The government will be more concerned about equivocal (at best) support from members on its own benches. Former ministers like Lords Willetts and Johnson offered faint praise for what was on offer before laying into the bill’s many weaknesses – Johnson focusing on the government’s last minute amendments relating to foreign funding, and Willetts tackling fundamental issues such as how the bill will actually work, and what protection for “lawful free speech” actually means.
On the latter, Willetts drew on the painful example of the IHRA definition of antisemitism – reminding us that while “everything covered in that definition is clearly objectionable, offensive and wrong” not everything that would breach that definition is unlawful. And contradictions with the approach in the Online Safety bill were also on his mind, given that bill proposes to protect adults from (legal but) “harmful content” and “harmful communication” because they will cause “serious distress”:
It is perfectly possible for a university to be fined for breaching this legislation because it would not permit something to be said which an online tech giant would be fined for transmitting. This is a ludicrous position to have got into.
We hope your knees will knock
A couple of spectres haunted the debate that ought to give cause for concern. One was the repeated use of the Kathleen Stock anecdote as evidence of a problem on campus that requires legislation to fix, with all eight references to the affair in the debate apparently taking at face value the established narrative that Stock was hounded off campus by censorious students.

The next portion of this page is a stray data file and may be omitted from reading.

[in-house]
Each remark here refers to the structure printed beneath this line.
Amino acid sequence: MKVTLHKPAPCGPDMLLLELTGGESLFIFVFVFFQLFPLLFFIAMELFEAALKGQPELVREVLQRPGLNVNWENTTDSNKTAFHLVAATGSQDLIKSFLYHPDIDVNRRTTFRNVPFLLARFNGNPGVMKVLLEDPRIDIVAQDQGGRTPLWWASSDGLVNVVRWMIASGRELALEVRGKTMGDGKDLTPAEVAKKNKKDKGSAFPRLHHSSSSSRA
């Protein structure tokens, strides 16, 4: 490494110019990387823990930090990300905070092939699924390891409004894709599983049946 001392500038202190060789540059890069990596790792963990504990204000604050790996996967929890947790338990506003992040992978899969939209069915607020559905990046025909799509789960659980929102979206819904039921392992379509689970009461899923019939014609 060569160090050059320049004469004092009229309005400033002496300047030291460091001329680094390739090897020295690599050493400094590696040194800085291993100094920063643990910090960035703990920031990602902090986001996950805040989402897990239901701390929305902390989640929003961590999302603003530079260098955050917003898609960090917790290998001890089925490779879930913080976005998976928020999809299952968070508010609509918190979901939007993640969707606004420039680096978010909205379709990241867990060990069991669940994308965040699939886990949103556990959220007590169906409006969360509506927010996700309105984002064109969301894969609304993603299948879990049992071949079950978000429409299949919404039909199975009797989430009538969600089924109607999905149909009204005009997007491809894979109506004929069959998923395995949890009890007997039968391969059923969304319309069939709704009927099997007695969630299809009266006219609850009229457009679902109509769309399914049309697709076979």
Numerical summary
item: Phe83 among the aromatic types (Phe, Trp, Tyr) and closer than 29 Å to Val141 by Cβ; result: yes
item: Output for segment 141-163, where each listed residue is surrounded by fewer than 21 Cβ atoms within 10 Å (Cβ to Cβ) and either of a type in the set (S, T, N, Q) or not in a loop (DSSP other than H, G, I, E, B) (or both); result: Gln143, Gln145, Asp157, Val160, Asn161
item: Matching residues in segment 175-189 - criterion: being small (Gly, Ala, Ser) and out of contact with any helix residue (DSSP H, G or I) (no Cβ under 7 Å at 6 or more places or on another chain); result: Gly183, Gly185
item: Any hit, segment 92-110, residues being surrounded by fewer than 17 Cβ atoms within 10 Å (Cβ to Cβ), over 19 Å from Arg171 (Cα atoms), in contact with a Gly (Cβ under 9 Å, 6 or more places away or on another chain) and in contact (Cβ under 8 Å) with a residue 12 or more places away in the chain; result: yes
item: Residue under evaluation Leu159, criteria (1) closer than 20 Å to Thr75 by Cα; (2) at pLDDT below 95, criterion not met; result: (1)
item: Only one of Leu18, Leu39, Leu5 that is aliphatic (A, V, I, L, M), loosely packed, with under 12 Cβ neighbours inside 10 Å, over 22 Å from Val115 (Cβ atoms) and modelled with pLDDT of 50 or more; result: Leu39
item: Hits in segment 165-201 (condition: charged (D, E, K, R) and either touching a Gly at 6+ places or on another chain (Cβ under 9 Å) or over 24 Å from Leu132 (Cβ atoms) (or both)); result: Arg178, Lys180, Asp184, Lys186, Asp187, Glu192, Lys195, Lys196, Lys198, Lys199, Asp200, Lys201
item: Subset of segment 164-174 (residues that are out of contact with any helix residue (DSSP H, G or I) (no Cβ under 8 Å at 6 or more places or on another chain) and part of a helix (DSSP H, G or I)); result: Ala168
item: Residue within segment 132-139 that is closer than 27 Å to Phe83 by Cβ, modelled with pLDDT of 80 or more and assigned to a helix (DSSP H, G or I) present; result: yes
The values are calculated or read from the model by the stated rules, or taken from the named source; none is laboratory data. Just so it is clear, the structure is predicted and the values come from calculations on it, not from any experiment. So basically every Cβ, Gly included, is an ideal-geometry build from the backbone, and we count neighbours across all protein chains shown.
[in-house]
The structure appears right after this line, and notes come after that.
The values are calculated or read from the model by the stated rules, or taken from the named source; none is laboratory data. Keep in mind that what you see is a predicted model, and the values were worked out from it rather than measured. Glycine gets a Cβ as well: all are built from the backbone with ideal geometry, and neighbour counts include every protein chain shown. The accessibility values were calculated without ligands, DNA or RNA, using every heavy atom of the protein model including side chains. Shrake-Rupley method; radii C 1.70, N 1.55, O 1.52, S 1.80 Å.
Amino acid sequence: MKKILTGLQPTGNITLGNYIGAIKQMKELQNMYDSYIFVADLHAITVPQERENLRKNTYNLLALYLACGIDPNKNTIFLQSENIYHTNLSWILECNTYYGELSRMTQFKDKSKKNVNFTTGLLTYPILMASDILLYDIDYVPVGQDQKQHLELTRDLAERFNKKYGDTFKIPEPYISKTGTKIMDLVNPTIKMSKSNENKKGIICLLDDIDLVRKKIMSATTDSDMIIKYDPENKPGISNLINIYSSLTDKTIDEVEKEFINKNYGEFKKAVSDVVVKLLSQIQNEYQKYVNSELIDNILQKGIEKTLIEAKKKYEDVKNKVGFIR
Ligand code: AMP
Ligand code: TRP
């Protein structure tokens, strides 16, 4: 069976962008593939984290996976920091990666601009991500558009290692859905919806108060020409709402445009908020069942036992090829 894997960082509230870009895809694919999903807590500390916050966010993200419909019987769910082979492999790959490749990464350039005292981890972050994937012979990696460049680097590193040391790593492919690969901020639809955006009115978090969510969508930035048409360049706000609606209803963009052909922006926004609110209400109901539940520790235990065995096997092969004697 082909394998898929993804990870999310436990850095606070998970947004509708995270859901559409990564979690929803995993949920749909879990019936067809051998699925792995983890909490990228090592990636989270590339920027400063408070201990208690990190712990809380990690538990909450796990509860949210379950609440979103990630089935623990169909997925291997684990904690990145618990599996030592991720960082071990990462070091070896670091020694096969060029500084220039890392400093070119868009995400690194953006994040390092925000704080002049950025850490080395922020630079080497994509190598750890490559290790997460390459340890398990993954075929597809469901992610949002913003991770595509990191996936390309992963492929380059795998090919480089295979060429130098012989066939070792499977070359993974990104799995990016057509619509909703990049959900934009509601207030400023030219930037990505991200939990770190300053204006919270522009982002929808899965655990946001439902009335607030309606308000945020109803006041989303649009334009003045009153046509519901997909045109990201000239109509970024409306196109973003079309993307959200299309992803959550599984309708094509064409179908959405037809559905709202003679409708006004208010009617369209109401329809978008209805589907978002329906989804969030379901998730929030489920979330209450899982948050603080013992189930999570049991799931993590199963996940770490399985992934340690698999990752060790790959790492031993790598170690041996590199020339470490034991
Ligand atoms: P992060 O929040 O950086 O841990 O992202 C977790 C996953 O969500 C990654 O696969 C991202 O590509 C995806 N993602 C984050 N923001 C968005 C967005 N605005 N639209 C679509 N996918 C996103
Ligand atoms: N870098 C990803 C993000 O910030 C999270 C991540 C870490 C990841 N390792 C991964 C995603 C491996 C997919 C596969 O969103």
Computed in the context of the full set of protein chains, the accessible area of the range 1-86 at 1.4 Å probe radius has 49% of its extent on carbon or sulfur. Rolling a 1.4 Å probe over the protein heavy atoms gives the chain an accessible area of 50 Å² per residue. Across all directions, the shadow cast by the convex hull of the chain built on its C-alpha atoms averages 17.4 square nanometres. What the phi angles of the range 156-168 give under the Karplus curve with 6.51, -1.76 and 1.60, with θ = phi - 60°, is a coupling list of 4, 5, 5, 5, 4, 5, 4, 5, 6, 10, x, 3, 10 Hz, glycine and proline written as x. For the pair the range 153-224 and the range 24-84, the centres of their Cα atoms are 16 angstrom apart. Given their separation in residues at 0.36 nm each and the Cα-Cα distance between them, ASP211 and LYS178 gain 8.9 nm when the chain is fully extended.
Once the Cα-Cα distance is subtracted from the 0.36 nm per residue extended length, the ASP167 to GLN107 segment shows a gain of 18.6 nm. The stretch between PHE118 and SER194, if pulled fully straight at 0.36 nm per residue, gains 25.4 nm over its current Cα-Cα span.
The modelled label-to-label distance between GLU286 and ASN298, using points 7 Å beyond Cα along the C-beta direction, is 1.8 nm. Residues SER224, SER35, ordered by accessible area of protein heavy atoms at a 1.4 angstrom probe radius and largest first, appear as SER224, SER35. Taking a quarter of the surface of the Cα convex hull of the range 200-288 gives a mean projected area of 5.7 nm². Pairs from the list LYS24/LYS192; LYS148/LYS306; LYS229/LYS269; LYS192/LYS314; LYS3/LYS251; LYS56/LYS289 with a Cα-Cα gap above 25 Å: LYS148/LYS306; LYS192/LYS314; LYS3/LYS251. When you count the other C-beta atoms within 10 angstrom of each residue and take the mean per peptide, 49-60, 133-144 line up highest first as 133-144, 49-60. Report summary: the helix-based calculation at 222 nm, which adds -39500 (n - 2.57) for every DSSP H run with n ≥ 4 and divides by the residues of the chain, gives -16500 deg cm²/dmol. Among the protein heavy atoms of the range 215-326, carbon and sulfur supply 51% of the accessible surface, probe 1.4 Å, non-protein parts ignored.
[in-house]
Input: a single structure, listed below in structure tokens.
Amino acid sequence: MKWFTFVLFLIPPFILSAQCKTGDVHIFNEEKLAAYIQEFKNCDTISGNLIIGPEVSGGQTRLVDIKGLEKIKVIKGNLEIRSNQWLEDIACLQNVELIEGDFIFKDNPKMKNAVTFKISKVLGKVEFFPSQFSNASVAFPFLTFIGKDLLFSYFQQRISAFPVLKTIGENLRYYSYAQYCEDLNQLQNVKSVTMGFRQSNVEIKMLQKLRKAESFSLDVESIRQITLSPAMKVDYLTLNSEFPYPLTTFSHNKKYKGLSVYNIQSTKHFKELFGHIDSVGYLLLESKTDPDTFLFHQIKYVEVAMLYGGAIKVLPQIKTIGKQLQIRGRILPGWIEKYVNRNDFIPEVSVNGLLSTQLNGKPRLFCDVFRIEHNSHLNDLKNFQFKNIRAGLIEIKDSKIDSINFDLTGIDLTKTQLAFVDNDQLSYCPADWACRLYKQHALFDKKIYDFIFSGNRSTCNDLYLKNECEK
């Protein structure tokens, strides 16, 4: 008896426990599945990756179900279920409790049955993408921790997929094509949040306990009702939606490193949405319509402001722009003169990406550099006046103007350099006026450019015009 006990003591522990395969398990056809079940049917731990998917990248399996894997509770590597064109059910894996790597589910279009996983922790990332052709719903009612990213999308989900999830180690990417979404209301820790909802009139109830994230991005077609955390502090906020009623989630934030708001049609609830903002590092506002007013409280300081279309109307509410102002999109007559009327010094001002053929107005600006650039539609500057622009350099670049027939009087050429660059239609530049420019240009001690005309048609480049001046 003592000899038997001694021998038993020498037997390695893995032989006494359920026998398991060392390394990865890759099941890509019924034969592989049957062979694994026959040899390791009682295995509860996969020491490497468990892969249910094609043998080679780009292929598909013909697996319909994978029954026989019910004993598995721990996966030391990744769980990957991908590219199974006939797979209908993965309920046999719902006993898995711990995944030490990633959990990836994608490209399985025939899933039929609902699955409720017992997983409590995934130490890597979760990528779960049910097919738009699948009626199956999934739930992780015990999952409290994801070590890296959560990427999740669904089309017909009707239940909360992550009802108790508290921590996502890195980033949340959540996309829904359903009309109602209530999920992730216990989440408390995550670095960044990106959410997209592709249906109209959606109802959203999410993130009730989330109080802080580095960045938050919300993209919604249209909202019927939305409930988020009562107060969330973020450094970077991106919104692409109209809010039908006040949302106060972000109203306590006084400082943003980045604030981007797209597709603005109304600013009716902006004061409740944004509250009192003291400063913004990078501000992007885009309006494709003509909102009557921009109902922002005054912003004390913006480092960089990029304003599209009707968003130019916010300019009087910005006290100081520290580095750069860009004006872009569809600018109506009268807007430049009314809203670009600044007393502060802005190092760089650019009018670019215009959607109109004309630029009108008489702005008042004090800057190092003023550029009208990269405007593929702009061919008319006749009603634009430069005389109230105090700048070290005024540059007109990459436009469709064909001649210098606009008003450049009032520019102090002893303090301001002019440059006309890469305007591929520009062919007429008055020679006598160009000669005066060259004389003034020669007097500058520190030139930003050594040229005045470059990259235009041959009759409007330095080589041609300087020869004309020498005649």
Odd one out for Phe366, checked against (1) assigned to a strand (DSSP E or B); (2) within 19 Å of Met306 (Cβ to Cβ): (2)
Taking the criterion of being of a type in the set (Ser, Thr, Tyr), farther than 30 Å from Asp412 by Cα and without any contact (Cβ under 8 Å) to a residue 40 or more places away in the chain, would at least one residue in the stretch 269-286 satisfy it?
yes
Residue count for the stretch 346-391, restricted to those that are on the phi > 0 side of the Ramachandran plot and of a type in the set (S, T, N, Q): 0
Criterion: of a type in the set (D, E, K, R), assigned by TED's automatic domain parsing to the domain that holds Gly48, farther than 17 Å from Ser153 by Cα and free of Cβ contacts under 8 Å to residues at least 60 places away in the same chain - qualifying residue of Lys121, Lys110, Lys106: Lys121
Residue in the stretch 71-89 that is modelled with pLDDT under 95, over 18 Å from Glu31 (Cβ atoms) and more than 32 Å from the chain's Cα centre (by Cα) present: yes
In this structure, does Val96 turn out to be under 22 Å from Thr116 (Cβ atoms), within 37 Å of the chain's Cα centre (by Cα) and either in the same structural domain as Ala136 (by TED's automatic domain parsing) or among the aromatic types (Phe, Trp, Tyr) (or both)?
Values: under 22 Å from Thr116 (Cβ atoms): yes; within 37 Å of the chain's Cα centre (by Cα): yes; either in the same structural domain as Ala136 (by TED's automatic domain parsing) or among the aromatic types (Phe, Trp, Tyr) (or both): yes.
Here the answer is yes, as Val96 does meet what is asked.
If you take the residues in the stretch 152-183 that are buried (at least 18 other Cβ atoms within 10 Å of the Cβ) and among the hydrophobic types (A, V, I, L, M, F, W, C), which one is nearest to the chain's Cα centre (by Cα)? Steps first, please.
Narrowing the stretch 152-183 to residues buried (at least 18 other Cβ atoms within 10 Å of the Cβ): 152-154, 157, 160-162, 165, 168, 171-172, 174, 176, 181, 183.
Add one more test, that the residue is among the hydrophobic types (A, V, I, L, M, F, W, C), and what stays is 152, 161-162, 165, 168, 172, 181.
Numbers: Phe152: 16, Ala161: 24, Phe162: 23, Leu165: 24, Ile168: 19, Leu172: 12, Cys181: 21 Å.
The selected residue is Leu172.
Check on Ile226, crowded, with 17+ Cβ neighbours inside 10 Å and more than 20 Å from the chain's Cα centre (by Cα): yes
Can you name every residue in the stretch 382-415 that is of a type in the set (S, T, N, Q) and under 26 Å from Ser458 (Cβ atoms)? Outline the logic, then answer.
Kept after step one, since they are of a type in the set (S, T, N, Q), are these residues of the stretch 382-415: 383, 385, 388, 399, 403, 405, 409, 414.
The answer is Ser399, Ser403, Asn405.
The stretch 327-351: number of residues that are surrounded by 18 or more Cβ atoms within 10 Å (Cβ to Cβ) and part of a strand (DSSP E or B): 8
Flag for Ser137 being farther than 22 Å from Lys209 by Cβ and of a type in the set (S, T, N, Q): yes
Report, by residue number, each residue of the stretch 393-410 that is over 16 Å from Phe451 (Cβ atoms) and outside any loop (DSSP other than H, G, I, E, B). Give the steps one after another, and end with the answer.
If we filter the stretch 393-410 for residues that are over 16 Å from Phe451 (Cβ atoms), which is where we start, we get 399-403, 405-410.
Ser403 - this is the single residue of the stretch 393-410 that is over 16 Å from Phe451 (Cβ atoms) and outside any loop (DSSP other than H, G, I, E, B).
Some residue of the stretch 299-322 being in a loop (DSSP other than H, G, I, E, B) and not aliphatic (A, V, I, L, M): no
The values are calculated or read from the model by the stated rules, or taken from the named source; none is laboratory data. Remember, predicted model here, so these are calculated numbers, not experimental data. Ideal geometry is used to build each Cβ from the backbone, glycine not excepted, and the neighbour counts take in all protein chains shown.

That’s interesting because it’s only thanks to the Lords that we learned in November that OfS had opened an investigation in October 2021 into whether or not the university had met its existing obligations for academic freedom and freedom of speech within the law for all students and staff, whatever their views. That the Lords have subsequently been so incurious about the progress of that investigation is a real problem.
It’s possible that the Stock affair was all as has been reported – she was unfairly harassed and drummed out, and the university failed in its existing 1986 Education Act duty and the HERA public interest governance principle to protect academic freedom and freedom of speech. But if that was the case, wouldn’t we know that by now? And why hasn’t OfS fined? Or issued a condition of registration?
Alternatively, the reporting was twisted. Students protested within the law. Much of the objection to Stock was on anonymous social media and came from outside of the university. Nothing Sussex students or other academics did reached the threshold of harassment and the university did all it could. If that’s what OfS has found, given its overuse in the evidence for the bill, don’t the Lords need to know?